Initial claims for regular state unemployment insurance totaled 861,000 for the week ending February 13, up 13,000 from the previous week’s upwardly revised tally of 848,000 (see first chart). Claims have been above the 800,000 level for six consecutive weeks and nine of the past eleven weeks since posting a 716,000 result for the week of November 28. Initial claims have continued to run in the 700,000 to 1 million range for 25 consecutive weeks and remain well above the pre-pandemic level of 212,000 in early 2020 (see first chart).
The four-week average fell 3,500 to 833,250, the second weekly decline in a row. However, the four-week average has been above the 800,000 level for 10 consecutive weeks. Persistent initial claims at such a historically high level remain a threat for the labor market recovery and the economy.
The number of ongoing claims for state unemployment programs totaled 5.003 million for the week ending January 30, down 153,878 from the prior week. State programs had been trending lower since early March, but the downward trend has turned to a flattish trend since the week ending November 21 decreasing by an average of just 21,067 0.3 percent per week over the past 10 weeks (see second chart). For the same week in 2019, ongoing claims were 2.149 million.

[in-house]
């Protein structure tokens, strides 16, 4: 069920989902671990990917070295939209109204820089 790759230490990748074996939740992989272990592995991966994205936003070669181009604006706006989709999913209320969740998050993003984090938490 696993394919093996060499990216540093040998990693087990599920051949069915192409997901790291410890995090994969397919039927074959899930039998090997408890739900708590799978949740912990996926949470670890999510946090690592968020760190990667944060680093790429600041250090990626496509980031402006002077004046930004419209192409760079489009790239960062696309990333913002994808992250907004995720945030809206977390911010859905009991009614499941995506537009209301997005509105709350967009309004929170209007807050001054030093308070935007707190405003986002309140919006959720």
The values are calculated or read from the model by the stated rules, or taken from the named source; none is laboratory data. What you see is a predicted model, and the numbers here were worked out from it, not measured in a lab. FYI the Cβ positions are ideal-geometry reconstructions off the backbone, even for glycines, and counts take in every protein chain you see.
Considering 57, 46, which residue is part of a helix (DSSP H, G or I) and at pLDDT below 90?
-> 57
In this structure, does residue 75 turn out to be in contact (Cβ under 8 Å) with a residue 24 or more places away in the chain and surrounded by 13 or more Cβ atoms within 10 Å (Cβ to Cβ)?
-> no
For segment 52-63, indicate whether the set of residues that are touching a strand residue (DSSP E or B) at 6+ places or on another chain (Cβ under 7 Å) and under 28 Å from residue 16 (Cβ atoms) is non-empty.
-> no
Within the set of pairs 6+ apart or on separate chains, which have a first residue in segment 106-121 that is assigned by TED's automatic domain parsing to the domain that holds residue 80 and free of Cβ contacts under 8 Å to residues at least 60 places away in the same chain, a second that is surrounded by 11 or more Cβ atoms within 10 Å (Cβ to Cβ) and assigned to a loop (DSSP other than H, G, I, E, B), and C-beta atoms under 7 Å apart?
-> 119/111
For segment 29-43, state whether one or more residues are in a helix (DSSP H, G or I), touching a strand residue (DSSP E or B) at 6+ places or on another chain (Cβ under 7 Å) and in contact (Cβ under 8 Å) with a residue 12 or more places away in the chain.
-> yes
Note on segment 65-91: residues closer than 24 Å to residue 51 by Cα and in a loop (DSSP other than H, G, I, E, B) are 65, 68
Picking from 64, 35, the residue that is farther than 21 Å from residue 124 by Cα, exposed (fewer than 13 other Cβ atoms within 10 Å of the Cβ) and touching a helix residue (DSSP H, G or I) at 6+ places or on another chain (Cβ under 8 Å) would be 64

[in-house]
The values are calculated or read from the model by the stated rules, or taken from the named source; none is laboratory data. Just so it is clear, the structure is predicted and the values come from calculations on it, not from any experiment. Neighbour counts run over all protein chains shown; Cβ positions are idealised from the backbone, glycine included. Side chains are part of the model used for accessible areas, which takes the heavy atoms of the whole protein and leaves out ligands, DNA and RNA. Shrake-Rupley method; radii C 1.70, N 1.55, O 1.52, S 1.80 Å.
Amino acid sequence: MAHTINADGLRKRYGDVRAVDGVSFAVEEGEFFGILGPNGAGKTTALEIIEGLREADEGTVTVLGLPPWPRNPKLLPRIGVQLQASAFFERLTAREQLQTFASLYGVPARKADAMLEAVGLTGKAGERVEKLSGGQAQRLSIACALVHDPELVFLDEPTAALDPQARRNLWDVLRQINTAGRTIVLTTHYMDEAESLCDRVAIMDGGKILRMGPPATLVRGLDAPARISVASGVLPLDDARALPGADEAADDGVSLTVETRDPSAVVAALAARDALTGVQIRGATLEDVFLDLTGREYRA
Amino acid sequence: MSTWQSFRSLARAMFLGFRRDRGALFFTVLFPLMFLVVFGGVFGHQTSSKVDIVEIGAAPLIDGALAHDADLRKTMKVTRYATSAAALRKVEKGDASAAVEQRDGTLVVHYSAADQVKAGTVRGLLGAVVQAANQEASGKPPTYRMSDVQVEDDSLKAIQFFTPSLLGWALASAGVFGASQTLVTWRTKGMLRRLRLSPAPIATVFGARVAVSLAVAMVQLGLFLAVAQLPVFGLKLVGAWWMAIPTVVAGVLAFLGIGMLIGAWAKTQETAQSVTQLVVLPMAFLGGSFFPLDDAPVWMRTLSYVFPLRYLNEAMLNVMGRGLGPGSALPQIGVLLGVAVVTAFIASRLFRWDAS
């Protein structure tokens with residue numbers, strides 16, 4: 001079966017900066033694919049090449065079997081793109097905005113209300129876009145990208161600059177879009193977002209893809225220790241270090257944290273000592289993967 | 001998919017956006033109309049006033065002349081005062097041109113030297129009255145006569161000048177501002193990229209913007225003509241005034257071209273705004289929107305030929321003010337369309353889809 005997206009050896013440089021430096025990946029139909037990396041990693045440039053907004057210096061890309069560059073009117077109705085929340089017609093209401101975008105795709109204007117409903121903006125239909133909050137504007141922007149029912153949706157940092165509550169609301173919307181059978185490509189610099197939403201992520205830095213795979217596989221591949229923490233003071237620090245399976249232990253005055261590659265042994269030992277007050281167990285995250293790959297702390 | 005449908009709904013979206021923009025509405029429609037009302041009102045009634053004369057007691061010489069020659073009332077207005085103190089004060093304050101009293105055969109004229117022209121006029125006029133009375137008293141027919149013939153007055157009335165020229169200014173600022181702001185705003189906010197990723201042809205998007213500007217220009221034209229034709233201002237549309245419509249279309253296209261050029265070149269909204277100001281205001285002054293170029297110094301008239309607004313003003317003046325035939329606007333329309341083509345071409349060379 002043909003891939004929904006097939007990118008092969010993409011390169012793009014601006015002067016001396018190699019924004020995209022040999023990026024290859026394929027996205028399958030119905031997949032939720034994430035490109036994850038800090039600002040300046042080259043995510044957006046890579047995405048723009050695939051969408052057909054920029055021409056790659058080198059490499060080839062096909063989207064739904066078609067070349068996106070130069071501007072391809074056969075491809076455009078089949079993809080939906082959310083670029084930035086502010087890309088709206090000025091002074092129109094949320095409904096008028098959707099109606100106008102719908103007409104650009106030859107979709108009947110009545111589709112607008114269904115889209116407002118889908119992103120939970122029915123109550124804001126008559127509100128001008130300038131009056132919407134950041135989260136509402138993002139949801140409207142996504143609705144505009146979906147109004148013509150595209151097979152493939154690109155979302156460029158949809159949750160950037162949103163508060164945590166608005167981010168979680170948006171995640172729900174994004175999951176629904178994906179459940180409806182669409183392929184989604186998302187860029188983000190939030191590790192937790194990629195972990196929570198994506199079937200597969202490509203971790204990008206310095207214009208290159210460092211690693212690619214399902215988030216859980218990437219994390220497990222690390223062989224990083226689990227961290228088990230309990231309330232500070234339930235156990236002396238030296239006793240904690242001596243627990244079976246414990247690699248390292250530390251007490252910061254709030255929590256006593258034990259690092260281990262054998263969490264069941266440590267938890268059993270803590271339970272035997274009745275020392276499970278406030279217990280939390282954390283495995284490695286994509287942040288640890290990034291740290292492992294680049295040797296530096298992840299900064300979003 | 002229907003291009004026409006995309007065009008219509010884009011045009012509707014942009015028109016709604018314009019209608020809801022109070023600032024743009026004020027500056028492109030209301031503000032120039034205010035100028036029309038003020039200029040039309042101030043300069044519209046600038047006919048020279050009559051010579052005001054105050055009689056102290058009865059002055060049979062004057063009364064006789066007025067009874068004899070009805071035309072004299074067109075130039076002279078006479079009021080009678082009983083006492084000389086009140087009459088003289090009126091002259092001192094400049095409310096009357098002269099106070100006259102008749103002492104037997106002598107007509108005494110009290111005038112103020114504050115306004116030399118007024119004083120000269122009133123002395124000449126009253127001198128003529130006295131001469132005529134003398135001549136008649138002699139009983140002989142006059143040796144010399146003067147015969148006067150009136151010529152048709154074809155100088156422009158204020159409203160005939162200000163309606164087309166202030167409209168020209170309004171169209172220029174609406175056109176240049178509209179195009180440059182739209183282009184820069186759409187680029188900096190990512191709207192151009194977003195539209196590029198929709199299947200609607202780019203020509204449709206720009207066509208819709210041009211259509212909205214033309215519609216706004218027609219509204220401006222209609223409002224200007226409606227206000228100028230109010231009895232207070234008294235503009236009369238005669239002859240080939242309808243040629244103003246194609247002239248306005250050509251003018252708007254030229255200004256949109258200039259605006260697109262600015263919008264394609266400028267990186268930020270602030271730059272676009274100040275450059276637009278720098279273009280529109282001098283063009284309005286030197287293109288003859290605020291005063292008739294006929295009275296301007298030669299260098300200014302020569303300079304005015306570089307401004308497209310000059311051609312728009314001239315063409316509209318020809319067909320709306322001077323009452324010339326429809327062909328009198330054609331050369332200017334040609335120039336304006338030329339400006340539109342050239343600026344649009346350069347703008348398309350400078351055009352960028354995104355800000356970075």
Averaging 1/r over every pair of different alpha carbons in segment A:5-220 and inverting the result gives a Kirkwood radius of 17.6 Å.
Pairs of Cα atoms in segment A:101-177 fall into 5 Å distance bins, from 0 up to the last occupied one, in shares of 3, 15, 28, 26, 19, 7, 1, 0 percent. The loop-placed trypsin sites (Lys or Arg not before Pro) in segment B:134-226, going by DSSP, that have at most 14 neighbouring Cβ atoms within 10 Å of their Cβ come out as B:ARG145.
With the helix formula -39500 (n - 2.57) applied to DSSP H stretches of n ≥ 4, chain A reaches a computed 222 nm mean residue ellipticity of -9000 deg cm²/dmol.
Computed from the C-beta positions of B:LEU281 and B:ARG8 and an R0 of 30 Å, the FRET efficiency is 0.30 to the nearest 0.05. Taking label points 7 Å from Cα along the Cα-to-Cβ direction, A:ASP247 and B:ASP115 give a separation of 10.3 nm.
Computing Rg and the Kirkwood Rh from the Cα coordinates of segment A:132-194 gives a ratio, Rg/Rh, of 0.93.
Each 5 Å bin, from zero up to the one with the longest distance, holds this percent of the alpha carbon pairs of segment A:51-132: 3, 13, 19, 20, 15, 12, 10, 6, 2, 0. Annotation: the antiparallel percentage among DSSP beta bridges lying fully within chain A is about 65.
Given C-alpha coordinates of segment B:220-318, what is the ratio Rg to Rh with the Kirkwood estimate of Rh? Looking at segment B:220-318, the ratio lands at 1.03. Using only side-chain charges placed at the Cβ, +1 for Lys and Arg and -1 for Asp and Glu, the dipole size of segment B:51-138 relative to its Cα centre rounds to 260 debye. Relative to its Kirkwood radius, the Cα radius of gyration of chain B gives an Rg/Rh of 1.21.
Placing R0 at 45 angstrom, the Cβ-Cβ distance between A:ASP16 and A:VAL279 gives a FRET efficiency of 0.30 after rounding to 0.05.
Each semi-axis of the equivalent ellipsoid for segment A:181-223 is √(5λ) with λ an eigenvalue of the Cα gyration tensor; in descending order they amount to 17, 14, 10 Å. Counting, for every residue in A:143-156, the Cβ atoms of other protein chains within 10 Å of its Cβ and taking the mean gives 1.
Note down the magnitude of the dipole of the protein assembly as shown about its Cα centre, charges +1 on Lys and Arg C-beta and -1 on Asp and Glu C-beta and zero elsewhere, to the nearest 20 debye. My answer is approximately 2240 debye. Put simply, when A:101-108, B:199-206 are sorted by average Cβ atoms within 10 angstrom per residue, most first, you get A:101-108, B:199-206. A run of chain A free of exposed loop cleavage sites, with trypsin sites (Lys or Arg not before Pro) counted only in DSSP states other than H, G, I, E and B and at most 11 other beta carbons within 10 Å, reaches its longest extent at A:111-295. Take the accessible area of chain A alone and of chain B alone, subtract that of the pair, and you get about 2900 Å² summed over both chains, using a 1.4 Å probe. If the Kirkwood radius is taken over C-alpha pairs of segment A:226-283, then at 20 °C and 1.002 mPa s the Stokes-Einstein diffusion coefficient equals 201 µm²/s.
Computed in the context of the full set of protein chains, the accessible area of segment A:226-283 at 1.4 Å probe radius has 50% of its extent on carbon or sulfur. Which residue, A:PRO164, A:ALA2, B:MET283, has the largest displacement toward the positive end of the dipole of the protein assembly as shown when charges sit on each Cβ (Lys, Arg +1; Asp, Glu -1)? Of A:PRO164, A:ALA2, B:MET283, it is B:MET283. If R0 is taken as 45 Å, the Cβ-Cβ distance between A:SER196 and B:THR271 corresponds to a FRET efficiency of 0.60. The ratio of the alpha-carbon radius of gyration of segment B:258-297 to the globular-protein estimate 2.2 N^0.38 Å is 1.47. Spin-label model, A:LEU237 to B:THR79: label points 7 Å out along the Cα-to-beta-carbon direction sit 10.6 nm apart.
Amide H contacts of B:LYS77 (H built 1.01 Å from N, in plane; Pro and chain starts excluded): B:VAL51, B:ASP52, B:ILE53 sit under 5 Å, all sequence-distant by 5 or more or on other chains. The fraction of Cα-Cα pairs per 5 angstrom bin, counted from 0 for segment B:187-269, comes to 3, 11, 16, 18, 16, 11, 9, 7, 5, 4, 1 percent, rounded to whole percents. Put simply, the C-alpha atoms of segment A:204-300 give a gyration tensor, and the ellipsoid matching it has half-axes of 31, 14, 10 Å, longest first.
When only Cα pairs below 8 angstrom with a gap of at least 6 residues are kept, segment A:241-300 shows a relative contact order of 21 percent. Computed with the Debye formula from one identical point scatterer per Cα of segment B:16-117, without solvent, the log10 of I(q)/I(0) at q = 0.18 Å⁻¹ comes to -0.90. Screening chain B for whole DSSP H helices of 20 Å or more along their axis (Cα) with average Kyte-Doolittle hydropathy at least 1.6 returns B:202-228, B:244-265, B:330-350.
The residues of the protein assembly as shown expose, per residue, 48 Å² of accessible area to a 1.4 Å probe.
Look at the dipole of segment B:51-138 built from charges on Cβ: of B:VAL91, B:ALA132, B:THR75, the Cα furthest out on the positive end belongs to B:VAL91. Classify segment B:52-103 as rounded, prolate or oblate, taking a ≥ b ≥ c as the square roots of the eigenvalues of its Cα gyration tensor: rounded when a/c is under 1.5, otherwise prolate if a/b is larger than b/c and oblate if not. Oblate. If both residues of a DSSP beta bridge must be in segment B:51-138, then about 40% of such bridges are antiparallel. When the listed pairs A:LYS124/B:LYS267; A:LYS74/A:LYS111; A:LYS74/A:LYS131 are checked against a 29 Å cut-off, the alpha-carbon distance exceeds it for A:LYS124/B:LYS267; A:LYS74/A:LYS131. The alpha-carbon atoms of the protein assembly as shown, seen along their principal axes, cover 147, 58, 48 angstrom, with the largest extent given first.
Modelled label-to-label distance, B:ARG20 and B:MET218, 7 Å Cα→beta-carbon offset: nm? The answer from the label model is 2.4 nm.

Continuing claims in all federal programs fell in the latest week after a jump in the prior week, coming in at 13.337 million for the week ending January 30 (see second chart). Since the beginning of June 2020, continuing claims in all Federal programs have averaged 14.049 million.
The total number of people claiming benefits in all unemployment programs including all emergency programs was 18.340 million for the week ended January 30, down 1.326 million from the prior week.
Government restrictions on consumers and businesses remain a significant threat to the outlook for economic growth. The development and distribution of vaccines is a very positive factor and should eventually lead to sharply less government restrictions. In the meantime, the claims data combined with the disappointing jobs report for January suggest the labor market remains fragile. The longer the virus continues to spread (along with the possibility of mutations prolonging the outbreak), consumers remain restricted, and businesses remain closed or limited, the more uncertain a labor market recovery becomes and the higher the probability of a slow and drawn-out economic recovery.